September 15th, 2011 | Uncategorized | 4 Comments
As fast the small-sized dogs are homed they are replaced by others, all of whom have similar stories and have the same resultant behaviour issues. They are bought from pet shops or home breeders as too-young puppies, kept for a while as substitute teddy bears or babies, passed to a friend, then to another, most probably caged and almost certainly left alone all day, and then finally, when they are completely confused about everything, they are abandoned. People want small dogs because they think they are easier, but the truth is that the larger mongrels have never seen the inside of a pet shop or a breeding farm, and they are therefore well-balanced and without the puppyhood mental scars, certainly the ones that come to HKDR as puppies and grow up with us.There was a new arrival today, a young maltese that had apparently been abused (what’s new?) and had turned into a biter (or so we were told). As with human children, very early life experiences have a dramatic effect on the growing brain, and it takes time and patience to undo the damage and re-train. It’s not impossible as we have seen time and again, but many of the little dogs are adopted and returned, even if we explain all of the issues and how to solve them. There is no quick fix and no substitute for patience and time. A dog needs to adjust and settle, and to learn how to trust that it’s not going to be hit. There is nothing that is more guaranteed to turn a dog into a biter than physical violence, as (particularly with small-sized breeds) their teeth are their only defence. Only bullies hit those that can’t fight back, and even being yelled at can be extremely scary and intimidating if you are ankle high.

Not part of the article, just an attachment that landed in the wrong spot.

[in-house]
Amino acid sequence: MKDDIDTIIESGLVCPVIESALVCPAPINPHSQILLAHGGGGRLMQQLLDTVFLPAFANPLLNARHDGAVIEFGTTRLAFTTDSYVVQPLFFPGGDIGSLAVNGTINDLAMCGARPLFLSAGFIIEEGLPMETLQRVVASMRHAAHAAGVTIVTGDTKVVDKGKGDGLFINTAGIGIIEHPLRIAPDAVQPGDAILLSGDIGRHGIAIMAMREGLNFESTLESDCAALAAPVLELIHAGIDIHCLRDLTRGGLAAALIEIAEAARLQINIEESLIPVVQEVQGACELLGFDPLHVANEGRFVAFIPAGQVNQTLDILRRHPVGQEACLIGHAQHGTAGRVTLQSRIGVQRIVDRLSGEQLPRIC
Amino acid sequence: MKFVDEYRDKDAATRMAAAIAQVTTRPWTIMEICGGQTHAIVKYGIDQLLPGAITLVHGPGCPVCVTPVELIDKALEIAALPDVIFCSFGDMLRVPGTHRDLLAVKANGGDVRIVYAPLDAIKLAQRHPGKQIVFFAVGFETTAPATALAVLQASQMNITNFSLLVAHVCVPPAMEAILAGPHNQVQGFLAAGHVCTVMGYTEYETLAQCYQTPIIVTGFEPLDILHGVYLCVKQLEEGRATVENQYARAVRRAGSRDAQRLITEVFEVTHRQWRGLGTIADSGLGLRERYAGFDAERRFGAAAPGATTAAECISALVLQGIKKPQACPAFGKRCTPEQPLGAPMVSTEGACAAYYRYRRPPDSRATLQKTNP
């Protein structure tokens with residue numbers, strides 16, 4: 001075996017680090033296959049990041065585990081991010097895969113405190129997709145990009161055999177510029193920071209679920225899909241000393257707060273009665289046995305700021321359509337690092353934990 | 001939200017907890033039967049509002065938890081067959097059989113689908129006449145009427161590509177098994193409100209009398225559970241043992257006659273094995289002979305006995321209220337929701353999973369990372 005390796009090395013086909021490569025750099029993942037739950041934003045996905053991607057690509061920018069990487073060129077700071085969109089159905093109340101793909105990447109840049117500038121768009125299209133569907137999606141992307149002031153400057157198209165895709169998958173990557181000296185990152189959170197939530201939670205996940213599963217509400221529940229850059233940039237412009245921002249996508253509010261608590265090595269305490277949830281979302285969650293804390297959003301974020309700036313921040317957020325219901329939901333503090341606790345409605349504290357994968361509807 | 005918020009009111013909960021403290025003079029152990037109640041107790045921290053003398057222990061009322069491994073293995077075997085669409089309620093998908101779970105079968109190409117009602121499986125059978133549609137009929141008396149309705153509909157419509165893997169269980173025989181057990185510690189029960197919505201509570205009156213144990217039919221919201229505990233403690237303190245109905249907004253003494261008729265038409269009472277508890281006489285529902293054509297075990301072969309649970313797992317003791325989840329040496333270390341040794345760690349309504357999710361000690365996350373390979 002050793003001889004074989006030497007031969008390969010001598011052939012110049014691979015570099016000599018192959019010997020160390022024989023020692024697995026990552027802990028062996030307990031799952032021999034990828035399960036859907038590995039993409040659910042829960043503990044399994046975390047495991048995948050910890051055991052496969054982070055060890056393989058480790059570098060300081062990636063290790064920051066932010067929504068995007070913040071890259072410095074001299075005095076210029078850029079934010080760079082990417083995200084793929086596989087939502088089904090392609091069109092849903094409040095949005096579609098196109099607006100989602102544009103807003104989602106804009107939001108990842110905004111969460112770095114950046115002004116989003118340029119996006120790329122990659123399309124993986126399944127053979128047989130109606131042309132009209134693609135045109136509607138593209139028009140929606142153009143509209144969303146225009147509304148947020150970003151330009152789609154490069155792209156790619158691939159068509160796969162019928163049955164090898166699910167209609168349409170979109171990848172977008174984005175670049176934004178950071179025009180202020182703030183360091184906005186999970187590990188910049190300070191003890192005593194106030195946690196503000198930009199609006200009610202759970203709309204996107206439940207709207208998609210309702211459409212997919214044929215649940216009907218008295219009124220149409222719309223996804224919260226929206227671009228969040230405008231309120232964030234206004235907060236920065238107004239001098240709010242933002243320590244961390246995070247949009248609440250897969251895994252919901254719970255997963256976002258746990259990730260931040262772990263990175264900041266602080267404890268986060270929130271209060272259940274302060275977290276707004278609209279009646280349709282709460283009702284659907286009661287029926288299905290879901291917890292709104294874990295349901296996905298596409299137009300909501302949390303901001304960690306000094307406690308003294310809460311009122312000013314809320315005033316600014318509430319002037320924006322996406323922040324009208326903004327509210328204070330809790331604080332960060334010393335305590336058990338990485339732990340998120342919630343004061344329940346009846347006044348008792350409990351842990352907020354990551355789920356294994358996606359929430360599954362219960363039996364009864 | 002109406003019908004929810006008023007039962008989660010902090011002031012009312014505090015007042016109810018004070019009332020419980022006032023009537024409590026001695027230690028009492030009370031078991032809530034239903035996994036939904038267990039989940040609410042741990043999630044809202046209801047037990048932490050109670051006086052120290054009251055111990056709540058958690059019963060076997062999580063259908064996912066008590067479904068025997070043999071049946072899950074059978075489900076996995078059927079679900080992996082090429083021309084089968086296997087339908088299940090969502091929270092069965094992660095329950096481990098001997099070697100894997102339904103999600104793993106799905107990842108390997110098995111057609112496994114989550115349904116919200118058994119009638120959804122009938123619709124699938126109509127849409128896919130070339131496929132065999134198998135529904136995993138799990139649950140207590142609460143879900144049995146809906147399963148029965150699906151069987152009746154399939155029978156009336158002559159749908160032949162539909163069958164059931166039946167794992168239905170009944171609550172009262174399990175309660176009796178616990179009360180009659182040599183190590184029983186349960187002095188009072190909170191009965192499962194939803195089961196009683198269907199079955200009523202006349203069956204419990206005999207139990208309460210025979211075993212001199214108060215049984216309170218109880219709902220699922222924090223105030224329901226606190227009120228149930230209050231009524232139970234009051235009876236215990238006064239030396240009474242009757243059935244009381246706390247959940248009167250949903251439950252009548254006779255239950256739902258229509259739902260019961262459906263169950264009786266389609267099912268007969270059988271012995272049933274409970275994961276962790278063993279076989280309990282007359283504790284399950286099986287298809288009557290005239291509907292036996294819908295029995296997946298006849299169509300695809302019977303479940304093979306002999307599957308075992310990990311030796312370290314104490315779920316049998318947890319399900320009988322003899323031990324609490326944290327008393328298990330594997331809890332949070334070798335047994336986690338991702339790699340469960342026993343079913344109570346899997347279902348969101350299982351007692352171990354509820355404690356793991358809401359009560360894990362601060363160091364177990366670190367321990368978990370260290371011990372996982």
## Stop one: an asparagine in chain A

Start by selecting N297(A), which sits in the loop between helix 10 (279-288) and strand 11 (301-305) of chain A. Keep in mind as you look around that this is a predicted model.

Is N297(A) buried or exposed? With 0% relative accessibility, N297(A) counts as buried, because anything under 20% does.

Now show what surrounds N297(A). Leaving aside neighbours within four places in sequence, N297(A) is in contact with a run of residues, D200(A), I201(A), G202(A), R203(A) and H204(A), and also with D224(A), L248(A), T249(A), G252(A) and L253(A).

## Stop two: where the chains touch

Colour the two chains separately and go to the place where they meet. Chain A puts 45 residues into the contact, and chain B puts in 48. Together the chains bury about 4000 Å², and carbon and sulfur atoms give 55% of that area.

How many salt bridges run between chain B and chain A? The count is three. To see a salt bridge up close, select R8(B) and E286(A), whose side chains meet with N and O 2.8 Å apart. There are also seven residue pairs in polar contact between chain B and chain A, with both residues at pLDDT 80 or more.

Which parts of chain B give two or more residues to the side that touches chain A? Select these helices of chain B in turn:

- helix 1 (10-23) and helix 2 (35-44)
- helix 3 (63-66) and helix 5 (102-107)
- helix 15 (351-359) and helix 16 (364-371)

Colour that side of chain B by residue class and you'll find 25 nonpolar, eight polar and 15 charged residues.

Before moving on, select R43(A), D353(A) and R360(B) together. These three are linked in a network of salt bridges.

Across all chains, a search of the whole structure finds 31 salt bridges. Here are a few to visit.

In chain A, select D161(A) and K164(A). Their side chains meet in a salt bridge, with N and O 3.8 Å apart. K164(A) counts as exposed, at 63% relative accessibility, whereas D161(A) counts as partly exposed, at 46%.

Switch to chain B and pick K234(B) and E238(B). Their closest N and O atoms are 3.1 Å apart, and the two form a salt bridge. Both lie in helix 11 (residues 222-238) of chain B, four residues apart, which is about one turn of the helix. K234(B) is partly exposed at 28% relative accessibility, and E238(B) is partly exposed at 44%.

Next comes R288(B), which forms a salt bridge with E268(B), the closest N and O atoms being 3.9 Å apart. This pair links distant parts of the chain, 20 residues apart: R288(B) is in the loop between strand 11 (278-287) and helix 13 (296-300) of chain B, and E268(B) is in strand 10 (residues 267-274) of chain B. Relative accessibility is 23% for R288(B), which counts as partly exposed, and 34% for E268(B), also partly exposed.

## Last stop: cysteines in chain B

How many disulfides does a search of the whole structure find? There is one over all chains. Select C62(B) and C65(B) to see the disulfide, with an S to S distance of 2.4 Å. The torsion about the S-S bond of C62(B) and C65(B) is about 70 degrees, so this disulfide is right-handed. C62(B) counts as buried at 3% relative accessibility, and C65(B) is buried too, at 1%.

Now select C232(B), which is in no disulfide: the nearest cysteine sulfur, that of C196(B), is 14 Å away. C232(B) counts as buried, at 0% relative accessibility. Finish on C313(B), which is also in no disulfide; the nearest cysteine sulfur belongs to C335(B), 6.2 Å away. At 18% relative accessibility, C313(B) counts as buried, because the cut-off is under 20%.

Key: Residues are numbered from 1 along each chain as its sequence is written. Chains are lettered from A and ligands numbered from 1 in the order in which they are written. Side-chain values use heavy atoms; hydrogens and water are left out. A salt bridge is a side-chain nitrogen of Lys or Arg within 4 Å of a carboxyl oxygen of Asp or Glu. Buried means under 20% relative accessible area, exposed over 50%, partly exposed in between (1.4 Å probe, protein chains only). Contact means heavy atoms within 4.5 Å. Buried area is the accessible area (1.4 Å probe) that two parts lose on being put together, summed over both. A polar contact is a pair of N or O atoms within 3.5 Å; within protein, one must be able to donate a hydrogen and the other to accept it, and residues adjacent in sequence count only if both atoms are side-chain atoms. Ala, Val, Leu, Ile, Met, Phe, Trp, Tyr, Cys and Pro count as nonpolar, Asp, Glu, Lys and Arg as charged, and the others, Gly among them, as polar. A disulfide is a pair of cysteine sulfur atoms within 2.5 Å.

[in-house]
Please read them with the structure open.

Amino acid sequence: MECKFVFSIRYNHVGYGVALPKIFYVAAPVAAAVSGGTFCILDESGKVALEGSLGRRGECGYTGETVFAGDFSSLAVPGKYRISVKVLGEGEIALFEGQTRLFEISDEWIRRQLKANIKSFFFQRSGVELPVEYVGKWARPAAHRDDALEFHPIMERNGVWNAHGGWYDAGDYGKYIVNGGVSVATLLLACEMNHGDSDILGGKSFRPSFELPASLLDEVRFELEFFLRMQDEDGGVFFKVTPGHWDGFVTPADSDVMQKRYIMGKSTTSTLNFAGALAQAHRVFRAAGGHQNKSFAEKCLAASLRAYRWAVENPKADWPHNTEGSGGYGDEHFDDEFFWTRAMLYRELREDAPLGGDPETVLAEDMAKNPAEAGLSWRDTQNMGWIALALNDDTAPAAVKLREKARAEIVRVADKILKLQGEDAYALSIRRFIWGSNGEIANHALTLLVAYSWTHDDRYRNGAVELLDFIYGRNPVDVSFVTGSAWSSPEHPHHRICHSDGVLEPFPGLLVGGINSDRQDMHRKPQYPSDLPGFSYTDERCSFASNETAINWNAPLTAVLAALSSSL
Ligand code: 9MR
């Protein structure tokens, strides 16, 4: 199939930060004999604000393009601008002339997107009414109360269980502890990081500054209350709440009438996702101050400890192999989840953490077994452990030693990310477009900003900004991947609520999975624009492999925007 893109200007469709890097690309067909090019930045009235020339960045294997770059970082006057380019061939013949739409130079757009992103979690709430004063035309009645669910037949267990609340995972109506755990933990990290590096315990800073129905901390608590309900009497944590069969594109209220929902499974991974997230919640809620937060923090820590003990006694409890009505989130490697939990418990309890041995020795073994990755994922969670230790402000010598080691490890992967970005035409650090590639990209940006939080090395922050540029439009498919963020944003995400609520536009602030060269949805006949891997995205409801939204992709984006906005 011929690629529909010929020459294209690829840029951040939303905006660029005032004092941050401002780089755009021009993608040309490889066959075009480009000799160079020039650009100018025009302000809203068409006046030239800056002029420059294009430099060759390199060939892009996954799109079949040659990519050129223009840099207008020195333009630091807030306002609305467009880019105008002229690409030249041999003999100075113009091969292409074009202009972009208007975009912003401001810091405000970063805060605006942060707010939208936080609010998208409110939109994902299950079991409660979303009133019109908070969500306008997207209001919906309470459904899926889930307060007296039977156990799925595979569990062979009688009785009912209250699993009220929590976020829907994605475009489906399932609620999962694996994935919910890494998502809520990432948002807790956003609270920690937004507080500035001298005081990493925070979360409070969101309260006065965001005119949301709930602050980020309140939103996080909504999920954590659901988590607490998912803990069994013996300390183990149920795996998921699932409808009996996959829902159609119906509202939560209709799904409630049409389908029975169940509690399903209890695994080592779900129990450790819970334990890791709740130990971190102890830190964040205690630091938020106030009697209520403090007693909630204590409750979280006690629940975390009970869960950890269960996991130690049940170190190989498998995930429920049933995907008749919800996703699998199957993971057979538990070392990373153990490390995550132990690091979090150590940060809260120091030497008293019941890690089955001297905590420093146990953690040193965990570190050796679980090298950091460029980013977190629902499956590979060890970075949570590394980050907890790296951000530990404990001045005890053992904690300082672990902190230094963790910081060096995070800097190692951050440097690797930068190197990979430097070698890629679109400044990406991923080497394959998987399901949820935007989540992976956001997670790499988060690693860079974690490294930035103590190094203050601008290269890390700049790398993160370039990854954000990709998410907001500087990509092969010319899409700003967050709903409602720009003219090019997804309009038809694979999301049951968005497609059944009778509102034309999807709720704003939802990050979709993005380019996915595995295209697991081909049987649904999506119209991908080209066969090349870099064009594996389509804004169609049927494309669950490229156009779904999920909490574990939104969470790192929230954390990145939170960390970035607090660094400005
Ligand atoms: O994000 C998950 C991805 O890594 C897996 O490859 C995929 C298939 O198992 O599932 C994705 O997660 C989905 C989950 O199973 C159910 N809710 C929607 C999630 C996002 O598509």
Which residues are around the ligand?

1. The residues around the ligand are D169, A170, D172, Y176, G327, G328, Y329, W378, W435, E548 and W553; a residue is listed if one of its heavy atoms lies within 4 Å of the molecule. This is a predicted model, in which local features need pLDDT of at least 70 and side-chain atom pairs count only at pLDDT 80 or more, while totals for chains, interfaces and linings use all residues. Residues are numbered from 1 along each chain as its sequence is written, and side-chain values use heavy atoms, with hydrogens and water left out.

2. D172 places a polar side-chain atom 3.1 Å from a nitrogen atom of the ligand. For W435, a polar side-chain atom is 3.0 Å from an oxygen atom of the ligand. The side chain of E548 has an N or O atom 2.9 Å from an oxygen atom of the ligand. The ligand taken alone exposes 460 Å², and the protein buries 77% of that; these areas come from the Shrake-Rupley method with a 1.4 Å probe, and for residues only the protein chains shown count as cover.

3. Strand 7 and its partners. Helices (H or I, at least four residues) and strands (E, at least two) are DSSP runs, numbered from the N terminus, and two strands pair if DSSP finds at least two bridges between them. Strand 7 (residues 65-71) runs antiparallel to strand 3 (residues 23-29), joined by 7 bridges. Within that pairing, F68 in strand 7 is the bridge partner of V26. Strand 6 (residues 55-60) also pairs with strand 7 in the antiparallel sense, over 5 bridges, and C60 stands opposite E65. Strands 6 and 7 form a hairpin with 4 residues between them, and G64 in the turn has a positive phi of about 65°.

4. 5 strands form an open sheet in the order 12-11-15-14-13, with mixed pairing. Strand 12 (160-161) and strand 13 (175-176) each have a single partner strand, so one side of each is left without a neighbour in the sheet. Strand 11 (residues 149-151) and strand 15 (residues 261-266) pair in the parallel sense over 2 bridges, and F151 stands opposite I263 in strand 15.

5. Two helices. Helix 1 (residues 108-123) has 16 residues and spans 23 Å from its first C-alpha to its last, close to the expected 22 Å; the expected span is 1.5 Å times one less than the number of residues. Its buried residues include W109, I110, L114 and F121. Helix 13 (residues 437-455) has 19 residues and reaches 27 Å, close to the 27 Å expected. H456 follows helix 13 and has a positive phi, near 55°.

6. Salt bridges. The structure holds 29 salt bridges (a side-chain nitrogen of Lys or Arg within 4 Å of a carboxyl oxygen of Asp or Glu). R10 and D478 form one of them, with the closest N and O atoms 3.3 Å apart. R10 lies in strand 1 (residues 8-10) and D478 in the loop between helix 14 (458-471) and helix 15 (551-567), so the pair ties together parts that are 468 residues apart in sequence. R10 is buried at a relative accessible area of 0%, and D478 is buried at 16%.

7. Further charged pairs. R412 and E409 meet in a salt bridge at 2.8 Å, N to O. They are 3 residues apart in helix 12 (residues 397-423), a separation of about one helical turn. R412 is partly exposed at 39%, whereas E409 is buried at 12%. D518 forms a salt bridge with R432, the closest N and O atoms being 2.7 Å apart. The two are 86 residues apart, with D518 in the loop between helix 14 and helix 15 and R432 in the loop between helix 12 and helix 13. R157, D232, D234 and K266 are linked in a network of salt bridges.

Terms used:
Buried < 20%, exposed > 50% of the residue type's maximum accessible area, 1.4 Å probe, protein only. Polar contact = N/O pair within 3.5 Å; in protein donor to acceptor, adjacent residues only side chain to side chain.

We turn down a lot of would-be adopters for various reasons and quite often that results in angry responses, but the fact is that we see the results of leaving dogs alone all day, or not exercising them enough (not to mention the caging and punishment-based “training”). The other day I got the works for turning down a potential home because the dog would be walked twice a week, and how dare I make assumptions about their suitability as dog owners. It doesn’t work and it never will, because in the end our dogs have come from homes like these and that’s why they have been abandoned, and it’s why we will never (knowingly) send them back to the same situation.
To put it quite simply, keeping a dog is not a human right and pets are not short-term toys to be used, abused and then thrown out. If you are out at work all day then you don’t have the time to take care of a dog. Giving a puppy a couple of hours of your time in the evening is not enough, and it’s selfish to think that it is. There wouldn’t be the number of homeless dogs (and the thousands killed every year) if people thought less about satisfying their own short-term desires and more about the animals whose whole lives depend on their owners.
This also applies to expats who adopt puppies and then give them up when they move to another country. When you take on a dog, you have to be realistic and honest about whether or not you can commit to a lifetime, and in this day and age that can even mean twenty years. Adopting a puppy isn’t saving a life when that puppy becomes an unwanted adult dog, and the cases of expats who are not willing to take their family pet with them when they move is sadly becoming more and more common. I grew up as an expat, and as much as I and my siblings pleaded for a dog, the most we got were budgerigars (small parakeets). Allowing young children to have a puppy simply because they want one is tantamount to cruelty to animals if it isn’t a lifetime family decision.
If I seem angry it’s because I am, and what makes it worse is when those who apply to surrender their dogs, like Peggy, are surprised when they don’t get a warm welcome and a pat on the back. We currently have hundreds of dogs waiting and hoping for a home and all of them are innocent victims who had no choice about their circumstances.
Moving on, I was at the warehouse today and claimed my Peak to Fong T-shirt. It won’t be long before they’ll be available ……… (but they’ll be a secret until then!)